The Bottom Line: Bogus

Public libraries have become the new poster children for governmental impecunity. Pick a town, any town, and the library, that great nexus of egalitarian self-improvement, is currently in trouble. Oakland, Calif. Swanson, Neb. York, Maine. Richland, Pa. Closings. Layoffs. Shortened hours. Canceled programs. Matters had gotten so bad in the outposts of borrowed books that the reference librarian in Franklin, Mass., which a sign identifies as home of the first public library, asked a reporter, perhaps only half kidding, how much the sign might fetch on eBay.

Yet at a meeting of the American Library Association, members were shown a letter from Laura Bush, a former librarian herself, assuring them that her husband's budget would include a substantial increase for library funds. What the First Lady didn't say was that the increase was yet another aspect of a kind of Washington legerdemain that can be summed up in a single word: bogus.

Bogus is the name of the game, and not just in libraries. The much-vaunted Bush tax cut is totally bogus, a shell game in which money is moved from one place to another with political sleight of hand. The bottom line is that for most ordinary people the benefits amount to less than zero. What the Feds give, the state and local governments will be taking away, and then some. Part of that is because of the states' own foolish budgetary decisions in recent boom times. (Remember the boom times?) But a large part is because the federal government has required the states to provide expensive programs, from Medicaid to Homeland Security, but not provided anywhere near enough cash to help pay the bills.

The linchpin of the president's education agenda, for instance, which he developed before terrorists made it possible for his administration to dispense with domestic policy--and civil liberties--was something with the catchy slogan "Leave No Child Behind." It is a program heavy on performance standards that may as well be called "Leave No Child Untested." But the states have been picking up most of the added costs for the new mandates. Thus your state and local taxes are soaring, and your alleged tax cut merely moved from beneath one government walnut to another. You'll get a peek, and then it will disappear.

Step right up to the greatest show on earth. See a lady sawed in half--whoops, it's the librarian! The administration says it's providing more help for libraries, but towns have to cut library hours to afford police officers, some required by Homeland Security provisions for which the Feds promised reimbursement, now long overdue. So the First Lady does television spots with Elmo the Muppet about the importance of reading, but kids whose parents can't afford to buy the newest "Harry Potter" will just have to lump it because the library can't afford to buy new books.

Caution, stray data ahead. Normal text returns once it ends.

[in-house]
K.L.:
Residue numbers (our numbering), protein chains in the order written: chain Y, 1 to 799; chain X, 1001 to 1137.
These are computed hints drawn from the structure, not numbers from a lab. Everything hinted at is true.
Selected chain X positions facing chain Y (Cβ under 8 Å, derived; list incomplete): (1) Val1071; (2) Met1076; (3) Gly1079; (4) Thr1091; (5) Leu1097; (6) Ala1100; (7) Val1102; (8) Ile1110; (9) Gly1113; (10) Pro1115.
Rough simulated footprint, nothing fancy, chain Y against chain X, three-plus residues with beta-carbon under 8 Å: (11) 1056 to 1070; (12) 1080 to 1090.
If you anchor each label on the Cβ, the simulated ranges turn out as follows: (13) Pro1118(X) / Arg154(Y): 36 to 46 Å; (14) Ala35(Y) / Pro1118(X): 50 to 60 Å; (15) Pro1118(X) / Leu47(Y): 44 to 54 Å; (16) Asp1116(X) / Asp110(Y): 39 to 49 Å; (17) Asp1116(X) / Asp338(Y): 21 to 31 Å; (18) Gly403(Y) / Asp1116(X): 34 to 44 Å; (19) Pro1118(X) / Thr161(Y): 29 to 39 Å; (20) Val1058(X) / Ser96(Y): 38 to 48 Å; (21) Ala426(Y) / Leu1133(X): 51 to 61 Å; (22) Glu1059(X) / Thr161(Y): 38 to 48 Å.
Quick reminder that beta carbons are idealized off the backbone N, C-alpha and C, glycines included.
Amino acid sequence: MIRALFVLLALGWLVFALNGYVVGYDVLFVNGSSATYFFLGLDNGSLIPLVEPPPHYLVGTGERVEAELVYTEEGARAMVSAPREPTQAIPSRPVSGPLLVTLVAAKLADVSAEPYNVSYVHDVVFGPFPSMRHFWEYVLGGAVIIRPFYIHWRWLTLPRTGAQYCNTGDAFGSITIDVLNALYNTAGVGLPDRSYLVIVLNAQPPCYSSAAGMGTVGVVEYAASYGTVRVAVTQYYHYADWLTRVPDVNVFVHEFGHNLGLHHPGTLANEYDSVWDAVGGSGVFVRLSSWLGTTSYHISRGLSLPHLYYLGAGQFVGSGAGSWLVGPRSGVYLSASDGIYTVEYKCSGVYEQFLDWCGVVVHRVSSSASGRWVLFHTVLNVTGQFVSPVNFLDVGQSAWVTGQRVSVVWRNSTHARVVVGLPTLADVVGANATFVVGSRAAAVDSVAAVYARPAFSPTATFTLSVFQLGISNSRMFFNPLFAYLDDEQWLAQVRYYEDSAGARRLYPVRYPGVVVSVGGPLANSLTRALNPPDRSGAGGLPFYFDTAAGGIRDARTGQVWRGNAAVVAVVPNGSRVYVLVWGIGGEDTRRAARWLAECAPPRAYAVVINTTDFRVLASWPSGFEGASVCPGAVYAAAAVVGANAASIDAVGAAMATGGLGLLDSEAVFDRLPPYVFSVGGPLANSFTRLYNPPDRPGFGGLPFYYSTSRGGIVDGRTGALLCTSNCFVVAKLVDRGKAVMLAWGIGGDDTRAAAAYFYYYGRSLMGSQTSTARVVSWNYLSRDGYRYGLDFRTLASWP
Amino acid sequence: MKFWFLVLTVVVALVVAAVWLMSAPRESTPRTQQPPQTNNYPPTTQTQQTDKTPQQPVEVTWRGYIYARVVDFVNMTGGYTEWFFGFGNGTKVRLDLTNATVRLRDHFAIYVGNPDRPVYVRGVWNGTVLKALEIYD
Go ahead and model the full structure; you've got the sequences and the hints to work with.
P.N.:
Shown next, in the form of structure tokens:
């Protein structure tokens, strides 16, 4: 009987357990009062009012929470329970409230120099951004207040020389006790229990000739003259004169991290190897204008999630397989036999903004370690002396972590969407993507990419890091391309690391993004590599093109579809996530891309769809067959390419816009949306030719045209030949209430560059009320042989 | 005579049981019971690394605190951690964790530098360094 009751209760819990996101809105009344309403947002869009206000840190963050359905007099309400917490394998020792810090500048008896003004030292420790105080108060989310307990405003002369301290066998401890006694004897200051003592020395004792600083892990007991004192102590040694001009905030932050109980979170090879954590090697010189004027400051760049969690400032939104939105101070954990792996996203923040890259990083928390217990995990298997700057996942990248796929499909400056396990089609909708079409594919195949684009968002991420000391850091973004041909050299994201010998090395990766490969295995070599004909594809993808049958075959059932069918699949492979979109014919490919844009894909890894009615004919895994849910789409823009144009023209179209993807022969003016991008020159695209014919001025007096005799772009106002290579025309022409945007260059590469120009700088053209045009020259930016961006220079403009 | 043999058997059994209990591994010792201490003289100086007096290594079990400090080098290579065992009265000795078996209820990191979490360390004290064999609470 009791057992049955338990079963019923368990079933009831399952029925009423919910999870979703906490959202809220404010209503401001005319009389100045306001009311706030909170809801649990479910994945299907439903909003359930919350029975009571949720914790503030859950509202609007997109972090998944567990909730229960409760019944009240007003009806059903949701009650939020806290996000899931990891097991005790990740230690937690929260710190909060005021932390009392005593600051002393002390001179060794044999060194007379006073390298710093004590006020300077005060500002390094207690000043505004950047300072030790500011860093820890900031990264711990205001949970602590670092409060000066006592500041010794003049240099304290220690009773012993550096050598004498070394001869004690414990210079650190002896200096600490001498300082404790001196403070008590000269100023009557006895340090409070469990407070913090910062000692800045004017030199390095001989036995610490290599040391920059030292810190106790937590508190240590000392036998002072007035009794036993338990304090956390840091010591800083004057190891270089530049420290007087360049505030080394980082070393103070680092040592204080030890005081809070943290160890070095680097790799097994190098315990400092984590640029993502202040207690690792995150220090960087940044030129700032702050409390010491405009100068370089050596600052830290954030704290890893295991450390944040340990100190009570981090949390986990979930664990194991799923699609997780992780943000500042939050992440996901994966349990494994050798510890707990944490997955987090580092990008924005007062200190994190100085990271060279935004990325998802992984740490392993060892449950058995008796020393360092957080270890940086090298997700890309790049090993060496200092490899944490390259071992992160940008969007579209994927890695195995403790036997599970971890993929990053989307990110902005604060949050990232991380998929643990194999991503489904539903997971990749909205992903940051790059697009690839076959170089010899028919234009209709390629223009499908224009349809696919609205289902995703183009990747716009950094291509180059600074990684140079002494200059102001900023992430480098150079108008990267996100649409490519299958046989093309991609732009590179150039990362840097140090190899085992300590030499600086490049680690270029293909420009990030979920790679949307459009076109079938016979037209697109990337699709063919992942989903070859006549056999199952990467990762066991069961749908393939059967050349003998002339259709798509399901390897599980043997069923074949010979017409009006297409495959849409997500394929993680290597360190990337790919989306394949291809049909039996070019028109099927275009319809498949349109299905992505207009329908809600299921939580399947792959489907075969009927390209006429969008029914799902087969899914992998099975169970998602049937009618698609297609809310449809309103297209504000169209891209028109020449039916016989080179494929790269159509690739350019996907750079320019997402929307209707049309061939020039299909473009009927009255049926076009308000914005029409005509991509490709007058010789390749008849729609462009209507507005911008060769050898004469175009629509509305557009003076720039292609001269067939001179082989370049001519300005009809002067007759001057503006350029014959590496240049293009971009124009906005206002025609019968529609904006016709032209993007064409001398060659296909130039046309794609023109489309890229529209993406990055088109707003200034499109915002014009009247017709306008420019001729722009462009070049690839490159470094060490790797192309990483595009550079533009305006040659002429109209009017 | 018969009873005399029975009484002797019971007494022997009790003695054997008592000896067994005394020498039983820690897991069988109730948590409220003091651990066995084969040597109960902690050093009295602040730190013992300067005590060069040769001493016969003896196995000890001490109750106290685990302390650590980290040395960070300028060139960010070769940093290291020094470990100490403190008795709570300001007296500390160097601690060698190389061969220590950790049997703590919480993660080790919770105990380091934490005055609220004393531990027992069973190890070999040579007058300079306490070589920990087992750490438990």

Even the president's most conspicuous success, his war in Iraq, now appears to have been bogus from the beginning. No one is supposed to say that the administration lied about Saddam Hussein's weapons of mass destruction in order to foment public support. The polite word is "misled." Either the Bushies were misled by faulty intelligence, or the Bushies misled the nation. Either way, the war and its aftermath will help to further inflate the gargantuan federal deficit, wrestled to a draw in the previous administration but now threatening to explode into the multitrillion-dollar range. It's the gift that keeps on giving to our kids. Surely they will come to wonder how the adults were so out to lunch that they decided to go into record debt in order to liberate Baghdad from electricity and running water.

But we were not insensible. We had just become so accustomed to all of this that it seemed vainglorious to protest, a kind of lowered expectation of the body politic. There is no rejoicing at the tax cut; most taxpayers understand that with the states and cities going begging, it is illusory. There is no uproar at the lack of weapons of mass destruction; most citizens are accustomed to governmental means/end lies. No one is particularly surprised when the administration hammers a report from the Environmental Protection Agency so hard that a description of the threat of global warming is reduced to a few anodyne paragraphs. The former oilmen will protect industry at all costs, even if it means pretending that air pollution is a liberal fiction.

No outrage, just anomie. Of course, the real point of the tax bill was to cement the support of the wealthy, who have been the lucky ducks of every Republican administration in recent history (and who donate big to campaigns). Of course, the point of the invasion of Iraq was to make the administration look as though it were doing something in the war on terrorism after it was unable to close the deal on Osama bin Laden. Just as the point of increasing money to libraries is to appear interested in reading, knowing that any increase will merely partially fill the sinkhole made by demands on the locals for services mandated by or cut by the Feds. Bogus, every bit of it. And, sadly, the audience no longer cares.